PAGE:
New Orleans' grossest time of year is here: Termite season
Termites are swarming again in New Orleans, and the most active part of the season is about to begin.
Why it matters: Formosan subterranean termites can cause millions in damage annually and are the most destructive structural pest in Louisiana. They are expensive to treat, and they are gross when they get in your home during a swarm.
Driving the news: Large swarms of Formosan termites were seen in late April across the metro area, and more should be expected, according to Mark Janowiecki, a research entomologist with the city’s Mosquito, Termite and Rodent Control Board.
- Termites emerge from the ground in their winged form usually around Mother’s Day to look for a mate.
- They come out at night and head toward lights. You can see them swarming around street lights, porch lights and lights at nighttime events, such as sporting matches.
- The vast majority that leave the colony to swarm are going to die, he said.
The big picture: Formosan termites are an invasive species that came to New Orleans and other U.S. port cities from eastern Asia after World War II, according to information from the city.
- Formosan termites are well established and greatly outnumber the native subterranean termite species.
- Formosan termites are more aggressive, and their colonies are nearly 10 times the size of a native colony.
- They have spread to 42 of Louisiana's 64 parishes, LSU AgCenter says.
Zoom out: Operation Full Stop was a federally funded program started in 1998 to control termites in the French Quarter.
- It included monitoring stations — essentially sticky cards under street lamps — throughout the Quarter.
- Researchers with Full Stop found that termite counts declined over the years, thanks to more structures getting treated.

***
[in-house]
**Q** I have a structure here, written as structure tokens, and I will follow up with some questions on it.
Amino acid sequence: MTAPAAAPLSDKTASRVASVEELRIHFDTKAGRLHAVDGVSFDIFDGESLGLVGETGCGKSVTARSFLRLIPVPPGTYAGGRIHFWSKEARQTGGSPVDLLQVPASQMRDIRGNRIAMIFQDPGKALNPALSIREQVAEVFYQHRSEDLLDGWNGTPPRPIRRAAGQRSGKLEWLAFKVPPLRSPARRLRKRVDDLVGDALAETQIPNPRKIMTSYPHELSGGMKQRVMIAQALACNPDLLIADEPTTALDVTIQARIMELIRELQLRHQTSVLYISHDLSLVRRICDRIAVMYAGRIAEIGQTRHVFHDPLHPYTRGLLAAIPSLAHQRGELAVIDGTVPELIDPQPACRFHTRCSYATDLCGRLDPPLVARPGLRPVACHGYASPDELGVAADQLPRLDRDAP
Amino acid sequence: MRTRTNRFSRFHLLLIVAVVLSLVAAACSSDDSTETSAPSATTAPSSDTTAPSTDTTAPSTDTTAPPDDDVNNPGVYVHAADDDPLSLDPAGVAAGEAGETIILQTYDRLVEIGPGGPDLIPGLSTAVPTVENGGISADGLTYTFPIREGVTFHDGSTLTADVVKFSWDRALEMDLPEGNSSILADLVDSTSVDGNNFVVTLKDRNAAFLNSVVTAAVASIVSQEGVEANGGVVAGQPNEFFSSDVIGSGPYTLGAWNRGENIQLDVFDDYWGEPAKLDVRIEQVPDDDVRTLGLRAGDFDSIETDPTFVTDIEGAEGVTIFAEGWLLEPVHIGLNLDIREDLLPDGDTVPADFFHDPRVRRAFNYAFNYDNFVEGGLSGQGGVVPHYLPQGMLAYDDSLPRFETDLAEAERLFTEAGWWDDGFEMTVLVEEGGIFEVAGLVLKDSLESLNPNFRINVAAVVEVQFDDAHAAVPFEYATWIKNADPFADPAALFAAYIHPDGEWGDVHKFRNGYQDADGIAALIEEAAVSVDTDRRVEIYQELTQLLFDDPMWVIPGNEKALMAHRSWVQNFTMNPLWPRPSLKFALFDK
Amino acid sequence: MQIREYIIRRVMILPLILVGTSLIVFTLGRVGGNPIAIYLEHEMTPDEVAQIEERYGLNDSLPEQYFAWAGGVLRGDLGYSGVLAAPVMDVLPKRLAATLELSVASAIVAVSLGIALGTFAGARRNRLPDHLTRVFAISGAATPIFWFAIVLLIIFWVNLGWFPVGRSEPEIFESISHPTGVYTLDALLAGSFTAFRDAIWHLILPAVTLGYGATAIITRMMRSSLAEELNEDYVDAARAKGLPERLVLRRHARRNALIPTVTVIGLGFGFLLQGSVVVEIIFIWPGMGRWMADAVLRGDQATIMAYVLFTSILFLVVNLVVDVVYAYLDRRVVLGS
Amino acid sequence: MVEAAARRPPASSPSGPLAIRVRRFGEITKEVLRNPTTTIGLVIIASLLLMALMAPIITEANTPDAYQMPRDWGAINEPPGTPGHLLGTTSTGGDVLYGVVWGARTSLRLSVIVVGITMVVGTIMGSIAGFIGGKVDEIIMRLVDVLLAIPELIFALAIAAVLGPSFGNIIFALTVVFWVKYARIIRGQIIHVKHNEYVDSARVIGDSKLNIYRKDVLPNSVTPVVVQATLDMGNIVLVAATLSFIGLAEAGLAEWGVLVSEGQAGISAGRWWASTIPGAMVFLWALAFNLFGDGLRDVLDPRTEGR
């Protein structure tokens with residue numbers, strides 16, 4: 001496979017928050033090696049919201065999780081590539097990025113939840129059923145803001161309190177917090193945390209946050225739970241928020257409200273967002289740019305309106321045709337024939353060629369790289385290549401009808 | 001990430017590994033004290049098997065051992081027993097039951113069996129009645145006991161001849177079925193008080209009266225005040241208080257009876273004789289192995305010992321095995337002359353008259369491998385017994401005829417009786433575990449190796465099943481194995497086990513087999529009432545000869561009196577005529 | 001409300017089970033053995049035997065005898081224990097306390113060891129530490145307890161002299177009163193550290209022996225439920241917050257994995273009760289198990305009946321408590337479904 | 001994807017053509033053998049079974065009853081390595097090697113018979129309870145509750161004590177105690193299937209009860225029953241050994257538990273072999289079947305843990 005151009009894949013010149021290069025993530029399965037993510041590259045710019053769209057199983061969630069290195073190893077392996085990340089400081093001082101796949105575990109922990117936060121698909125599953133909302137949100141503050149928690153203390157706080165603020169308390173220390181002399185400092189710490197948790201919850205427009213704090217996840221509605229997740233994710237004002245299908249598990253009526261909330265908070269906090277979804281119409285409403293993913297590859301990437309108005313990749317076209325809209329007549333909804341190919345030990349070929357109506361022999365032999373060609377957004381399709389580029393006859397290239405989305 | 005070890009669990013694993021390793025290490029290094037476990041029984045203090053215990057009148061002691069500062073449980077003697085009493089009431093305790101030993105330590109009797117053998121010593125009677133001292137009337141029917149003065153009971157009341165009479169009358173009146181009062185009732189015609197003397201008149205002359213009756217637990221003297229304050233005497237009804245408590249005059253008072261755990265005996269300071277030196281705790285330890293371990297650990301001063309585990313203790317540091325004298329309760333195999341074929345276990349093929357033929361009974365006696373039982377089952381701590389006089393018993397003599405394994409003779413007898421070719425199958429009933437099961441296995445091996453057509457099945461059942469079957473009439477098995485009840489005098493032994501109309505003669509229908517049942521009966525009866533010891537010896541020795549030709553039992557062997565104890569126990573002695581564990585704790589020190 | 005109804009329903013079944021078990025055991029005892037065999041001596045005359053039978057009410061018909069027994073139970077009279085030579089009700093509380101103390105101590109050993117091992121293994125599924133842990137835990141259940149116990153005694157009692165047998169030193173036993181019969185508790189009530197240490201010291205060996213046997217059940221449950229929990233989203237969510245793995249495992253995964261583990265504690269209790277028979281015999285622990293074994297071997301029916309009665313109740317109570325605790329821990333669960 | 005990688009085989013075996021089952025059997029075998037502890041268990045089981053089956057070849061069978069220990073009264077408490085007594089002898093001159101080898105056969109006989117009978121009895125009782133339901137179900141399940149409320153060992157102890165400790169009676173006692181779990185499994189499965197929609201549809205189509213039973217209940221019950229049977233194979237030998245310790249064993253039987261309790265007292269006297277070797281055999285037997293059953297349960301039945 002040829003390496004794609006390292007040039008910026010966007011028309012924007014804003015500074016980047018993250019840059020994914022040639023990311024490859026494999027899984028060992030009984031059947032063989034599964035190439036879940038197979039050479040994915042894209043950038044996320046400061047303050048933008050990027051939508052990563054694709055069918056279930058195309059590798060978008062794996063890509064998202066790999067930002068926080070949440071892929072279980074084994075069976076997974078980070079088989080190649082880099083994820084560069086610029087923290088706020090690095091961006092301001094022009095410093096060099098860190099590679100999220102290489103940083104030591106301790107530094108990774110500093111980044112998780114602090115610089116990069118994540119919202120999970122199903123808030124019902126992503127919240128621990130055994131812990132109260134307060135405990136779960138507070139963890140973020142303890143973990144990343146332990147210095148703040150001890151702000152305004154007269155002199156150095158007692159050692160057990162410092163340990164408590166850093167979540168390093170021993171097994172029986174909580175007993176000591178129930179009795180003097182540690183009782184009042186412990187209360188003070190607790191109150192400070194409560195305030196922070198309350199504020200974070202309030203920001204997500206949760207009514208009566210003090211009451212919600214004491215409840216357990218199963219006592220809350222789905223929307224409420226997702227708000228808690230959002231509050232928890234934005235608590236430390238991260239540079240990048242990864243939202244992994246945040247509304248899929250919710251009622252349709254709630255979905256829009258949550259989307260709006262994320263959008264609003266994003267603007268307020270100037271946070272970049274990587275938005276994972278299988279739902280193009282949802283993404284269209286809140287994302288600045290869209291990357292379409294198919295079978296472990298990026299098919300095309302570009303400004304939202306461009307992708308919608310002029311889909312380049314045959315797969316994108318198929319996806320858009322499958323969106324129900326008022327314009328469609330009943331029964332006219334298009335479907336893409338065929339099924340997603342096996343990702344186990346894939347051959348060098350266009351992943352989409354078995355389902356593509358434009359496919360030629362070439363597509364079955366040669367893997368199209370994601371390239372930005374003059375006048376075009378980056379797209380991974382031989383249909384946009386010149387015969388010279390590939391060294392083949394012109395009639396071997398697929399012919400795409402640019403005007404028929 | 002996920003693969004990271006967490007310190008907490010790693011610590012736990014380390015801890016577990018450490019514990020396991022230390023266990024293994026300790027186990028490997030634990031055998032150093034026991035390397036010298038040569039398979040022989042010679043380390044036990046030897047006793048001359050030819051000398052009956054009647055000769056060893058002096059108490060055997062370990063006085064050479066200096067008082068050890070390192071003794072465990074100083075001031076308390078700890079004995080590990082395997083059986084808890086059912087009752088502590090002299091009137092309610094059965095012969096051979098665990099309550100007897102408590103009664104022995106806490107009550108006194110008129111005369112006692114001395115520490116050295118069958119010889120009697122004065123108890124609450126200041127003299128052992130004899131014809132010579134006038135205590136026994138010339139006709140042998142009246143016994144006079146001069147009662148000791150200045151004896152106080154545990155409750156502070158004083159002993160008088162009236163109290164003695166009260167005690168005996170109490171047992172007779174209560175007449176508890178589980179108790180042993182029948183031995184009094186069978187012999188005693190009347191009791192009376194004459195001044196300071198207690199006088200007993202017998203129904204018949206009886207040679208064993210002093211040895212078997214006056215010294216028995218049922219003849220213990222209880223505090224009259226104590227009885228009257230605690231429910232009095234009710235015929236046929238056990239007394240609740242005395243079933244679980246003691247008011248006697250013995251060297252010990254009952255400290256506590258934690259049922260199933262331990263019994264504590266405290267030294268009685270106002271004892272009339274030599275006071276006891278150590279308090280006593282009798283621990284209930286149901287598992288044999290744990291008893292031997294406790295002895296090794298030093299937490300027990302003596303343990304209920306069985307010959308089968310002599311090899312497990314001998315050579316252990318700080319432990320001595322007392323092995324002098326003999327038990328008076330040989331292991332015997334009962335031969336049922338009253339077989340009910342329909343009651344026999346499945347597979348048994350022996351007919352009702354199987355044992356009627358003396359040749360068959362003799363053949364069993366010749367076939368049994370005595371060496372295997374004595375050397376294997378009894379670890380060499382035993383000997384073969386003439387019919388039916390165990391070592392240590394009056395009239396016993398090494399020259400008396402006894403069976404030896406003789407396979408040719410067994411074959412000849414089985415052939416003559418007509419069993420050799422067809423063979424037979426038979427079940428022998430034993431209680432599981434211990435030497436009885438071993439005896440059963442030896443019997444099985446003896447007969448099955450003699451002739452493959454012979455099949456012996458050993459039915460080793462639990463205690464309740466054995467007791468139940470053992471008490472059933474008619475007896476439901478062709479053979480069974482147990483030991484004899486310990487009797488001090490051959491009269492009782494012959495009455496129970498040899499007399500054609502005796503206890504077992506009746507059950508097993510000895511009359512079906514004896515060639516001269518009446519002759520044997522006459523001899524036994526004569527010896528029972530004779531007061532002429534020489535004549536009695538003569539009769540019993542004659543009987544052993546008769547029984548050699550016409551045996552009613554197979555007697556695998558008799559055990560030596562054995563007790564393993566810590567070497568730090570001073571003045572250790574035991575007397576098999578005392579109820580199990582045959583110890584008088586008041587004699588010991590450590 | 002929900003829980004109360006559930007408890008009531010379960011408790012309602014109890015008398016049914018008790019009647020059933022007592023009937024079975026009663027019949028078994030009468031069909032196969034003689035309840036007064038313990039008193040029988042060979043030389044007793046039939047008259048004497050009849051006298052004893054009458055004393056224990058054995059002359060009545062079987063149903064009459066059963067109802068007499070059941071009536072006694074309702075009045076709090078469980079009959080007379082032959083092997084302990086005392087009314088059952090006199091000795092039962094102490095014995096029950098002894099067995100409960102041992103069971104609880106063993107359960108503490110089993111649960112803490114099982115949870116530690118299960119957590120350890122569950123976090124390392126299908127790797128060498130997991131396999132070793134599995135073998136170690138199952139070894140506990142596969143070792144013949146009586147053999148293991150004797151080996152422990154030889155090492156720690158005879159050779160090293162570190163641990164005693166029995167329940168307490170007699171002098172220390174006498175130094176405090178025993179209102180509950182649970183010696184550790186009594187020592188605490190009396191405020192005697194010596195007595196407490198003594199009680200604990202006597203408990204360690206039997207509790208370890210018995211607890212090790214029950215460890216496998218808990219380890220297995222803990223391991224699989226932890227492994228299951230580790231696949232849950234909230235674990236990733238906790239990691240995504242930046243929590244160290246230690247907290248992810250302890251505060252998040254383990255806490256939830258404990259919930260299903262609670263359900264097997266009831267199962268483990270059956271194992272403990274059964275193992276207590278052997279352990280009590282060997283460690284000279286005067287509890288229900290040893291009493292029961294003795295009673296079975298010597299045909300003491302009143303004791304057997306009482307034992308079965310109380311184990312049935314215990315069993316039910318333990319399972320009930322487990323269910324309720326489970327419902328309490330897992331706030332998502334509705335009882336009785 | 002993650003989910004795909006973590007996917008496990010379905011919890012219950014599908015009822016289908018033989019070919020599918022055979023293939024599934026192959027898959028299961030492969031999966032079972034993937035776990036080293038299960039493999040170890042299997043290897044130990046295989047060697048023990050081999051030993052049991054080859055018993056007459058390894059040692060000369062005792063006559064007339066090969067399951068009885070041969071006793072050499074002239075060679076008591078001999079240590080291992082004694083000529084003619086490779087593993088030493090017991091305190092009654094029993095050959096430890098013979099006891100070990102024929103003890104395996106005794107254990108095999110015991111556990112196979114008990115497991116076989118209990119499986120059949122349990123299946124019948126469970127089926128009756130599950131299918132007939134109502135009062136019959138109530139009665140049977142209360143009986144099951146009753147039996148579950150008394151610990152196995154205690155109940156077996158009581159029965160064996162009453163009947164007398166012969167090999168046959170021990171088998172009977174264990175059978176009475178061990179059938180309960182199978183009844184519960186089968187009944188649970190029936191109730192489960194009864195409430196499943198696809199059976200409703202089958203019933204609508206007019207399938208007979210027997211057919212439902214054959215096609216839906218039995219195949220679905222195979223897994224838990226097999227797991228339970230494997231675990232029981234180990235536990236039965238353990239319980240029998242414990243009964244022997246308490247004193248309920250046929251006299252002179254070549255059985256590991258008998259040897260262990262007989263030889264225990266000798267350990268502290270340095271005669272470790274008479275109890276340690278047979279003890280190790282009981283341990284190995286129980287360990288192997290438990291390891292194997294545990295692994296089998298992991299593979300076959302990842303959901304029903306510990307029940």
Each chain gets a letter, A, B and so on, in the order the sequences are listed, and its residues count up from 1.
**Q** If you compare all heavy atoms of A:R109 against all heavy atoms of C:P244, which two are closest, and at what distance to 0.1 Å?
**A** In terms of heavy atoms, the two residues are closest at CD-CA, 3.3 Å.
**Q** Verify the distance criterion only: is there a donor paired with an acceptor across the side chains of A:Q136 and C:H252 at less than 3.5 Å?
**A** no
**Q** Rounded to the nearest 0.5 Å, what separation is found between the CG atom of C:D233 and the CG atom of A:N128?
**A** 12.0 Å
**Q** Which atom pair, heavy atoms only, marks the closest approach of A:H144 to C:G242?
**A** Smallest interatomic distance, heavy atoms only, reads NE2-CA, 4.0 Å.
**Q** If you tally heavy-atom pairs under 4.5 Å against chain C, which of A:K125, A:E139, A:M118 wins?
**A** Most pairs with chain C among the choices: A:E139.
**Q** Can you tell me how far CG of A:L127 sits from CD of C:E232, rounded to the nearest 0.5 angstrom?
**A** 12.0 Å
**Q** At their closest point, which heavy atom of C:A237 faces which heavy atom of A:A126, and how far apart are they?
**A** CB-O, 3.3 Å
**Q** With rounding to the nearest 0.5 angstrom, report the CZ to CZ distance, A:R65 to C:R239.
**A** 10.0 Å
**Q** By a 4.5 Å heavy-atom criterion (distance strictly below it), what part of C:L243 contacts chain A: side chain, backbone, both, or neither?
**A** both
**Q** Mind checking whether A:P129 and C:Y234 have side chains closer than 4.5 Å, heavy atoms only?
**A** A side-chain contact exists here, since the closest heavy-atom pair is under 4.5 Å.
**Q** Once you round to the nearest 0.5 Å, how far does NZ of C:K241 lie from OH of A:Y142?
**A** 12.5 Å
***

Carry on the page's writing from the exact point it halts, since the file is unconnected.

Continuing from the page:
- The program ended, but the city continues to survey the termite activity.
- There are 25-30 monitoring stations that workers check twice a week. They go up in April and come down in early July.
Threat level: Termites are in every neighborhood in New Orleans, Janowiecki said. Professional treatment methods are the most reliable prevention.
- You may see termites inside your home during swarming season. If you see several dozen, it’s not cause for alarm. If you see at least a hundred, get your house checked out, Janowiecki said.
- It’s common to see a few termites or termite wings indoors by window sills, in bathtubs, along door jambs and near lights during swarm season.
What’s next: Mid-May is the peak time for swarm season. The termites prefer warm, humid, windless evenings, per the AgCenter.
- You can prevent termites in your residence by sealing doors and windows.
- Turn off your porch lights. Close your curtains, and keep windows and doors closed when termites are swarming.
- Peak swarm season is mid-May, but the termites can stick around through June.
What he's saying: “We might just think of them as pests, but they are really neat organisms, and they serve a purpose in the environment,” said Janowiecki, who has spent years studying termites.
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